Swoop: Washington’s World: July 18th – 24th, 2011 – Debt, Arab Spring and Cyber Strategy

Swoop: Washington’s World: July 18th – 24th, 2011 – Debt, Arab Spring and Cyber Strategy
1 Star2 Stars3 Stars4 Stars5 Stars (No Ratings Yet)

“The as yet unresolved impasse between the Administration and Republican Representatives and Senators over the debt ceiling continues to pre-occupy the attention of top policymakers. Whatever solution is eventually found, the prospects for American governance are not hopeful.

As we noted in our January list of our drivers for 2011, the ideological split between Democrats and Republicans in Congress is deep – and getting deeper. Mutual trust is totally absent as each side accuses the other of bad faith. This predicted theme of dysfunctional governance will intensify as the 2012 election draws closer – with unpredictable implications for US policy formation, especially on economic matters where the fissures are at their widest.

Foreign policy will have to navigate as best it can against this background. No grand initiatives are likely. Nonetheless, policy is not paralyzed. Secretary of State Clinton is well respected, if not for her strategic vision but for her diligent commitment to her office. After a hesitant start, she is looking for a wider US role in the ‘Arab Spring’.  She has substantially escalated US criticism of Syria and has piloted US policy toward recognition of the Transitional National Council as the lawful government of Libya.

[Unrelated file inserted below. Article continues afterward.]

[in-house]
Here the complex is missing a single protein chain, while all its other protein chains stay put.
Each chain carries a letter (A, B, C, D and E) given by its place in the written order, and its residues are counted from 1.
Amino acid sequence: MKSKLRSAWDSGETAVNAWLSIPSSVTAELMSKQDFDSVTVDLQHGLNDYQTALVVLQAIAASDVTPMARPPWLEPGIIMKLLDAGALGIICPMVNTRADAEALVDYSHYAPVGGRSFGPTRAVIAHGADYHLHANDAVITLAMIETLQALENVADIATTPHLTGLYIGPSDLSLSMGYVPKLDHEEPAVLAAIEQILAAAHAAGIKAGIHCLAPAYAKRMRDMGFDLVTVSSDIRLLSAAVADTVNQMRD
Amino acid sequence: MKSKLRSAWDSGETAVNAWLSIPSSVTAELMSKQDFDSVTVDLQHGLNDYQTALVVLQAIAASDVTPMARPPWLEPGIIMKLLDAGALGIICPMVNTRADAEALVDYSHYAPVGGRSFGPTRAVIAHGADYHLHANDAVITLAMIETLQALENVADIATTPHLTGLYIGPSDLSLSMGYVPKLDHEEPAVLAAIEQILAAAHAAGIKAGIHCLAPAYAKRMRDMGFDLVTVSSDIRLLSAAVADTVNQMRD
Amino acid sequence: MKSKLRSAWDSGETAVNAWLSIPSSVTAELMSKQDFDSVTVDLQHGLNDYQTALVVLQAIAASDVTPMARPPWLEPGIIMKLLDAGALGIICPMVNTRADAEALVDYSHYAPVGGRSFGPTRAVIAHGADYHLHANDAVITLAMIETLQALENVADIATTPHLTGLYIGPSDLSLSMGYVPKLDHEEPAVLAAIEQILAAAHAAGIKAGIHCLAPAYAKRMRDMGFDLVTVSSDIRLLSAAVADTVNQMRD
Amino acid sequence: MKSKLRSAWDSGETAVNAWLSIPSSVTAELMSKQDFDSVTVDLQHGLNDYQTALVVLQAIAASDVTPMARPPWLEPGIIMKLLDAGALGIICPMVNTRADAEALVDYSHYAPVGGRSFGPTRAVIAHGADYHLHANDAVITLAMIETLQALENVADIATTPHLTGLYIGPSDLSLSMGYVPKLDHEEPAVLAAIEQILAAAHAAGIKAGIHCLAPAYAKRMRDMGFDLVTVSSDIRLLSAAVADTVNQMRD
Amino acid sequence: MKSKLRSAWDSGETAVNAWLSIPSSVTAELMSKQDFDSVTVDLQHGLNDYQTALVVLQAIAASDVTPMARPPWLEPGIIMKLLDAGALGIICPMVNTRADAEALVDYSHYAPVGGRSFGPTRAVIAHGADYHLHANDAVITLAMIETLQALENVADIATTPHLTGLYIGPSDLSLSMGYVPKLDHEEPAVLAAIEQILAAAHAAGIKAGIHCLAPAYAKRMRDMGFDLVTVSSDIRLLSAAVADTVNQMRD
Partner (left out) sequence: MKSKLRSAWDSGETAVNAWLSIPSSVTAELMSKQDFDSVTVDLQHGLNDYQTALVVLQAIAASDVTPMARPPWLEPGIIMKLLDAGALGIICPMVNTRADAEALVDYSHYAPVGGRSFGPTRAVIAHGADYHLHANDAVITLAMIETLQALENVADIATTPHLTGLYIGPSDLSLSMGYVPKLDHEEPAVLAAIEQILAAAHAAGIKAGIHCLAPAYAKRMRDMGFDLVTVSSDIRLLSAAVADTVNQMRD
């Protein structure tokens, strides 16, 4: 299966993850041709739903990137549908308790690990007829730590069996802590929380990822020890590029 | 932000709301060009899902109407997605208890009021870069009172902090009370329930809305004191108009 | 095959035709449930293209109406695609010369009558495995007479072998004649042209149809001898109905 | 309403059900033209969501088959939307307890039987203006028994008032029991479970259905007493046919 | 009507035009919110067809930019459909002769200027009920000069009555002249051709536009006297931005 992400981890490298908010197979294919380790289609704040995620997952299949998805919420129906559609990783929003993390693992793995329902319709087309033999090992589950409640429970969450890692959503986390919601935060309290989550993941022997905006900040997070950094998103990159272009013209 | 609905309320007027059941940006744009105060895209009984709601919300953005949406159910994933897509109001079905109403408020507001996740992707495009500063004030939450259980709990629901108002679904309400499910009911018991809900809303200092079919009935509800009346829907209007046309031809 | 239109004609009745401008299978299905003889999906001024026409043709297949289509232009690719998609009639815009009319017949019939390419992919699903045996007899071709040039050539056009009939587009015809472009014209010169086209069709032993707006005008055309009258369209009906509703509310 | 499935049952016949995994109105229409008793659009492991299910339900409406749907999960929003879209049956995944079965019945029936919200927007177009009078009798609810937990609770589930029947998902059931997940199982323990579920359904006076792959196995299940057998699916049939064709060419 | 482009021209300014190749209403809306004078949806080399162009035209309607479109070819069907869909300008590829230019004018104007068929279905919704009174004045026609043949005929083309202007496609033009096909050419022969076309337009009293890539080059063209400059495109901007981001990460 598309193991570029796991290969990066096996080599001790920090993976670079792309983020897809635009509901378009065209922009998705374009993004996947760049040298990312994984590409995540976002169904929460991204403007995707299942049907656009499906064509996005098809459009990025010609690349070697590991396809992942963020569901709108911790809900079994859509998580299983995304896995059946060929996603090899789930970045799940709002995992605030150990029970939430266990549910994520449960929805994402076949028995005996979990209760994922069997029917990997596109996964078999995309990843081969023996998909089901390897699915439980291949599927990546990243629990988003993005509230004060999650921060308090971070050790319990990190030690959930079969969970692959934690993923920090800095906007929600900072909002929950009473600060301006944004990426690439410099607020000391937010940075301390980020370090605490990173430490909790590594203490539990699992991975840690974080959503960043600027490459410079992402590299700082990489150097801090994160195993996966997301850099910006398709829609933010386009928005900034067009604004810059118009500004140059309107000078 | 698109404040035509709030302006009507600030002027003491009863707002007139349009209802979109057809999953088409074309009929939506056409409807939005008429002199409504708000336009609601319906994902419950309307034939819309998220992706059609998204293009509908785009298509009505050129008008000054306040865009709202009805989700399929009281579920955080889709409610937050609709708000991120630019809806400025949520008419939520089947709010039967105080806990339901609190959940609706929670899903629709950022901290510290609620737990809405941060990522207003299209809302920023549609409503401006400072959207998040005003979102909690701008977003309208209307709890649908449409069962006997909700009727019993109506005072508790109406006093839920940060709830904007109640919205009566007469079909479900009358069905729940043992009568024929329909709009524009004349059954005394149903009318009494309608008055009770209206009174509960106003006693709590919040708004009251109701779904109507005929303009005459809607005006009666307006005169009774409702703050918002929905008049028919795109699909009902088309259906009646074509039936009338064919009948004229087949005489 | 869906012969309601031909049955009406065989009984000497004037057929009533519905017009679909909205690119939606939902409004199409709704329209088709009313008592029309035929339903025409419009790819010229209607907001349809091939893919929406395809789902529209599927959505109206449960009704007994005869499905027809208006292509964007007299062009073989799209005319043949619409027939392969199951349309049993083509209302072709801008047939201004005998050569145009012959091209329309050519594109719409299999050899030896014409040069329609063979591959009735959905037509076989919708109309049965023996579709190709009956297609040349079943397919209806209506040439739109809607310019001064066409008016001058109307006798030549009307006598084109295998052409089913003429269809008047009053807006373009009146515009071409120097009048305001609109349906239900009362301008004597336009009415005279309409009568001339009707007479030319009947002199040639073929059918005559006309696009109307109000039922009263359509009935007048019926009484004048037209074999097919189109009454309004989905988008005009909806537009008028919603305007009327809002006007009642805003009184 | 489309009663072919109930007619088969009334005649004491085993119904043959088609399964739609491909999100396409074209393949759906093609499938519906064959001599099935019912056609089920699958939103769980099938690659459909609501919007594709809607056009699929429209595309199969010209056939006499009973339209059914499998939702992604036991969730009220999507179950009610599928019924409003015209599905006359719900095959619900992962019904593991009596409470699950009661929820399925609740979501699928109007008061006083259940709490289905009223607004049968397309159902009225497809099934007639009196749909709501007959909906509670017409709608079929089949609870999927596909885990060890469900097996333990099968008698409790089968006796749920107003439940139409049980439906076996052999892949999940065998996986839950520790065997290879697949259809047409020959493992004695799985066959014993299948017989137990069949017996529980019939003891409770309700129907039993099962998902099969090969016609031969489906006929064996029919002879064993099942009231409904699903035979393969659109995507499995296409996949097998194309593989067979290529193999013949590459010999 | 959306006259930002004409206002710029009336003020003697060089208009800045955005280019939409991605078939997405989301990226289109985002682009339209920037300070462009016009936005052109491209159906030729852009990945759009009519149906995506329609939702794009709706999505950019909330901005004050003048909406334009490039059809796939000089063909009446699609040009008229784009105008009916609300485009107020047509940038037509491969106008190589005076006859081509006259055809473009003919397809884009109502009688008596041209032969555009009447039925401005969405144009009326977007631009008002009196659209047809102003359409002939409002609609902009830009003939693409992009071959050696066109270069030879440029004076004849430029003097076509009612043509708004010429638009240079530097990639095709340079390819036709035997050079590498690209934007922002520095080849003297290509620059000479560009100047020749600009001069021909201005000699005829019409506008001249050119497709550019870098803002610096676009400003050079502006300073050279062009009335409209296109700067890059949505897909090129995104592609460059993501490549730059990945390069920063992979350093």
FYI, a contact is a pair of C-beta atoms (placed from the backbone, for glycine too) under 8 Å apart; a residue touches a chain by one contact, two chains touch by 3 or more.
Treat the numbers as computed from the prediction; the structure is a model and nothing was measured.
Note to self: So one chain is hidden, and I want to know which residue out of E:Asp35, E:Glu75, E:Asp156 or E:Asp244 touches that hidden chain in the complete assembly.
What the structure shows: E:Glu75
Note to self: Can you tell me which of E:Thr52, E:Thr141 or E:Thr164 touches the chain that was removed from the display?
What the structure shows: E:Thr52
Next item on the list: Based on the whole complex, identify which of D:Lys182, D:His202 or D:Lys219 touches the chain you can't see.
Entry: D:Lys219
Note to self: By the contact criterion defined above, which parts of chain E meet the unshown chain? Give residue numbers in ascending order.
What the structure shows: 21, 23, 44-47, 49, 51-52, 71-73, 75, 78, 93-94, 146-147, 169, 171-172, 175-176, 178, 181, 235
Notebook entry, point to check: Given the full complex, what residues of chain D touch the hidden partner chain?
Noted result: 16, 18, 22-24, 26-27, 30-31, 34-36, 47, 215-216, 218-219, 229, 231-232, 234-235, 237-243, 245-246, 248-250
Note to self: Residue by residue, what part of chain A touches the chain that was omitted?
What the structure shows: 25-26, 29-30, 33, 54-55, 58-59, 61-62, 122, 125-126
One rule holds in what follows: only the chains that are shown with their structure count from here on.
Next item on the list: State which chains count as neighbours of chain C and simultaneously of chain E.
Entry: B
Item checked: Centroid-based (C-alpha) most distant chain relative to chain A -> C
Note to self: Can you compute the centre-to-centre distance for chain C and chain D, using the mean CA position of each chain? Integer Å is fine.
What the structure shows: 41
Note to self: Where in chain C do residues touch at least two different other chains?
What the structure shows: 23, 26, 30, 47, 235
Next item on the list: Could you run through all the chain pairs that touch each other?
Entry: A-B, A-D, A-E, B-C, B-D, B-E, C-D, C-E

Administration officials are growing more confident, especially after recent exchanges with the Russians, that their goal of regime change is within reach. Should this happen, the Administration will enjoy a respite from the criticism it has faced in Congress.

On more far-reaching matters, the Pentagon is seeking more definition in its relations with the Chinese military. Admiral Mullen, the Chairman of the Joint Chiefs, has conducted another round of negotiations with his Chinese counterparts. A Pentagon official commented to us: “Both sides are trying to understand the other, but there is much mutual suspicion. This is not going to be an easy relationship.”

Finally, the Pentagon has released a new cyber strategy. This is still in its early stages of formulation and senior officials assert that US objectives are defensive. However, our conversations with experts in this field lead us to conclude that the US is increasingly looking at enhancing its already robust offensive capabilities. We believe that the cyber dimension has the potential to transform traditional international relations.”

Source: http://theswoop.net

Photo Credit: Pentagon Memorial By jjgardner3 / FlickR